He started the article with the definition of TDWI Research for collaborative data integration: A collection of user best practices, software tool functions, and cross-functional project workflows that foster collaboration among the growing number of technical and business people involved in data integration projects and initiatives.
According the article, several trends are driving up the requirements for collaboration in data integration projects: - Data integration specialists are growing in number - Data integration specialists are expanding their work beyond data warehousing - Data integration work is increasingly dispersed geographically - Data integration is now better coordinated with other data management disciplines - More business people are getting their hands on data integration - Data governance and other forms of oversight touch data integration
Different organizational units provide a structure in which data integration can be collaborative: - Technology-focused organizational structures - Business-driven organizational structures - Hybrid structures
"Corporations and other user organizations have hired more inhouse data integration specialists in response to an increase in the amount of data warehousing work and operational data integration work outside of warehousing", he wrote.
"Although much of the collaboration around data integration consists of verbal communication, software tools for data integration include functions that automate some aspects of collaboration", he also wrote. Some features have existed in other application development tools, but were only recently added to data integration tools,like: Check out and check in, Versioning, and source code management features.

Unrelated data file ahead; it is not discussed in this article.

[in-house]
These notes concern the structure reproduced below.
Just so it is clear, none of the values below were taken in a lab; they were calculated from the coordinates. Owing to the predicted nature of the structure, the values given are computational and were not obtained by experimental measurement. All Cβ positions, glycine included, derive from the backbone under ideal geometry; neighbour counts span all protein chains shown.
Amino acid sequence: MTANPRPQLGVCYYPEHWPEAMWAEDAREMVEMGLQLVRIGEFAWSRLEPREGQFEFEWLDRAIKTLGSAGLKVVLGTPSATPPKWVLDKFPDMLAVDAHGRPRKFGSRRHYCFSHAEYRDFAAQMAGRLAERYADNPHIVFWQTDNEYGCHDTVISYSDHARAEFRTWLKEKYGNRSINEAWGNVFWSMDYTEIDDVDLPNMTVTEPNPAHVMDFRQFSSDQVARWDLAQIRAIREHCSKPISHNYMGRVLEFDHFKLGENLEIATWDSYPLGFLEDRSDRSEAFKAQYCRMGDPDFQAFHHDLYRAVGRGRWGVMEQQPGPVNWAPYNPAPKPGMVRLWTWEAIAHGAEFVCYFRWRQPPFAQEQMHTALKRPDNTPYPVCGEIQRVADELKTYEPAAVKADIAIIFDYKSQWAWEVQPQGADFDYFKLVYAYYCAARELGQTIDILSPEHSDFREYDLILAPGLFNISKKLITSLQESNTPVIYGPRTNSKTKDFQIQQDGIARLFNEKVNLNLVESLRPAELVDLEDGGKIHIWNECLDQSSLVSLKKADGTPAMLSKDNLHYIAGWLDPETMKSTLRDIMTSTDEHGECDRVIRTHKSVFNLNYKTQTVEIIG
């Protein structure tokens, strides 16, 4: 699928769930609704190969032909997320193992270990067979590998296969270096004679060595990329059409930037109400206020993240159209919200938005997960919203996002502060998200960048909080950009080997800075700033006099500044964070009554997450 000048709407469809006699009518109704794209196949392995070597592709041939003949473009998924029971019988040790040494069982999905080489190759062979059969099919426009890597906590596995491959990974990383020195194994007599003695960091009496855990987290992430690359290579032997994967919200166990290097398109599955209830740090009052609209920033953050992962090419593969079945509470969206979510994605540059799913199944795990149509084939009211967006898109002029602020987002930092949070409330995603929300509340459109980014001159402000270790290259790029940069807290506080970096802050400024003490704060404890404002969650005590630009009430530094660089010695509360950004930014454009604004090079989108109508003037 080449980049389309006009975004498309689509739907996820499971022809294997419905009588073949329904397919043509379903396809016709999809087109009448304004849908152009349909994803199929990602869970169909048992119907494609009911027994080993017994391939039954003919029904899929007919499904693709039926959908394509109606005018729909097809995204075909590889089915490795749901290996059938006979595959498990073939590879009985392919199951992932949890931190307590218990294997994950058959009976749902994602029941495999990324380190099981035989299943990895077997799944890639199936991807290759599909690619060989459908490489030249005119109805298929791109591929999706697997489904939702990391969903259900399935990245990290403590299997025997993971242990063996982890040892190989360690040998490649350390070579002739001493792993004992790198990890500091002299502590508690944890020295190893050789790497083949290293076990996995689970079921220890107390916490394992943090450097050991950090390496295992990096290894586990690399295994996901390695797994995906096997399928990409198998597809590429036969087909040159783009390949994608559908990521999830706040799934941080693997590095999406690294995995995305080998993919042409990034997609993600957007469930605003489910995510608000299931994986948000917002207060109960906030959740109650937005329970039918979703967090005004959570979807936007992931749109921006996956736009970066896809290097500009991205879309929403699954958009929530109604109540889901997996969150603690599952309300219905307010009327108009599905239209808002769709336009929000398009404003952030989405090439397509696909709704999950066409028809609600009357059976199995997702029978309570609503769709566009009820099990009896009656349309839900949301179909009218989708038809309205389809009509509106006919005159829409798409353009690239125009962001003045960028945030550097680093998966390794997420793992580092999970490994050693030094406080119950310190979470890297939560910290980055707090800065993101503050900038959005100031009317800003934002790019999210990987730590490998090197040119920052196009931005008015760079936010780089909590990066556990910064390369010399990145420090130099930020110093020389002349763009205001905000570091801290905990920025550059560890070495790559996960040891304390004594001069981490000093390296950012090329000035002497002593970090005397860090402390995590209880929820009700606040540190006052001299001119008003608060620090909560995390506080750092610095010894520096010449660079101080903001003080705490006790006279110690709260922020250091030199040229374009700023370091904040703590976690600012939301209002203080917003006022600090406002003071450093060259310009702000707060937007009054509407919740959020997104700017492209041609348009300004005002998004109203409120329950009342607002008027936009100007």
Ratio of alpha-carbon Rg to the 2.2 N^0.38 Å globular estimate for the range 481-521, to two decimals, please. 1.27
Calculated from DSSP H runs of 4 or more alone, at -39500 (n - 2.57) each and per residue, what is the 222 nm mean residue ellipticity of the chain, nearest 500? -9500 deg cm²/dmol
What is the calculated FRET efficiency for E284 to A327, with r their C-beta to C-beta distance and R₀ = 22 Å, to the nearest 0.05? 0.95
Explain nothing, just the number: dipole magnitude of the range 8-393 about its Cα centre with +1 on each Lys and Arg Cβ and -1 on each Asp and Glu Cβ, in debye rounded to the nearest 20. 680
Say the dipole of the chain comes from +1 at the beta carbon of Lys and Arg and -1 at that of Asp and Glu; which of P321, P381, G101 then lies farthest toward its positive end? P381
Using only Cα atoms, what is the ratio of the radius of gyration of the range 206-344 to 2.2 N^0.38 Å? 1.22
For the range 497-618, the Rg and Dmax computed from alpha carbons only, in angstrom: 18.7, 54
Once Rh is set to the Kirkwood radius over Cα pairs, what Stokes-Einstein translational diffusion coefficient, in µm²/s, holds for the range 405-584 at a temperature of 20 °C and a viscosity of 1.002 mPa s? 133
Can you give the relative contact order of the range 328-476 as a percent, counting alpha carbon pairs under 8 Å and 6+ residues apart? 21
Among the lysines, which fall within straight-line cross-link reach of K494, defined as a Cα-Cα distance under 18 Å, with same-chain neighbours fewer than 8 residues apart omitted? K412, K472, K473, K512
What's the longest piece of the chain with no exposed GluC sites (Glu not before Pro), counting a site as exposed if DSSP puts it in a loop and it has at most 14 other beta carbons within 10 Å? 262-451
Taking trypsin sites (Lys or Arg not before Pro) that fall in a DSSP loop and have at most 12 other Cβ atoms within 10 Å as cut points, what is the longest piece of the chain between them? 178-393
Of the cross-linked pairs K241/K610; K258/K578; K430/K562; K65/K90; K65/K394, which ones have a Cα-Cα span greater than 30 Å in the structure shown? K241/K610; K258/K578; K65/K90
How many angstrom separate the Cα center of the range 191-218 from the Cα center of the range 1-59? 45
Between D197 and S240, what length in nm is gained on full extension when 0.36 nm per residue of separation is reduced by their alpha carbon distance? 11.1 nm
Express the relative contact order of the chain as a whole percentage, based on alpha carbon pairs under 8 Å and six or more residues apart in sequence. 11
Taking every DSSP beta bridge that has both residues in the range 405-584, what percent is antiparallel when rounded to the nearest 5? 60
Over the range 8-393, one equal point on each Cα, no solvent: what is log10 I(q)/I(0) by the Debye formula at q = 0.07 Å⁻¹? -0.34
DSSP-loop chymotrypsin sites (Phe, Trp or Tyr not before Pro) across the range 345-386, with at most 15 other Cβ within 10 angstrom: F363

About Data Integration Tool Requirements for Business Collaboration: "a few data integration and data quality tools today support areas within the tools for data stewards or business personnel to use. In such an area, the user may actively do some hands-on work, like select data structures that need quality or integration attention, design a rudimentary data flow (which a technical worker will flesh out later), or annotate development artifacts (e.g., with descriptions of what the data represents to the business)".
He explained that collaboration via a tool depends on a central repository: The views just described are enabled by a repository that accompanies the data integration tool. Depending on the tool brand, the repository may be a dedicated metadata or source code repository that has been extended to manage much more than metadata and development artifacts, or it may be a general database management system.
He finished with some recommendations:
- Recognize that data integration has collaborative requirements. The greater the number of data integration specialists and people who work closely with them, the greater the need is for collaboration around data integration.
- Determine an appropriate scope for collaboration. At the low end, bug fixes don’t merit much collaboration; at the top end, business transformation events require the most.
- Support collaboration with organizational structures. These can be technology focused (like data management groups), business driven (data stewardship and governance), or a hybrid of the two (BI teams and competency centers).
- Select data integration tools that support broad collaboration. For technical implementers, this means data integration tools with source code management features (especially for versioning). For business collaboration, it means an area within a data integration tool where the user can select data structures and design rudimentary process flows for data integration.
- Demand a central repository. Both technical and business team members—and their management—benefit from an easily accessed, server-based repository through which everyone can share their thoughts and documents, as well as view project information and semantic data relevant to data integration.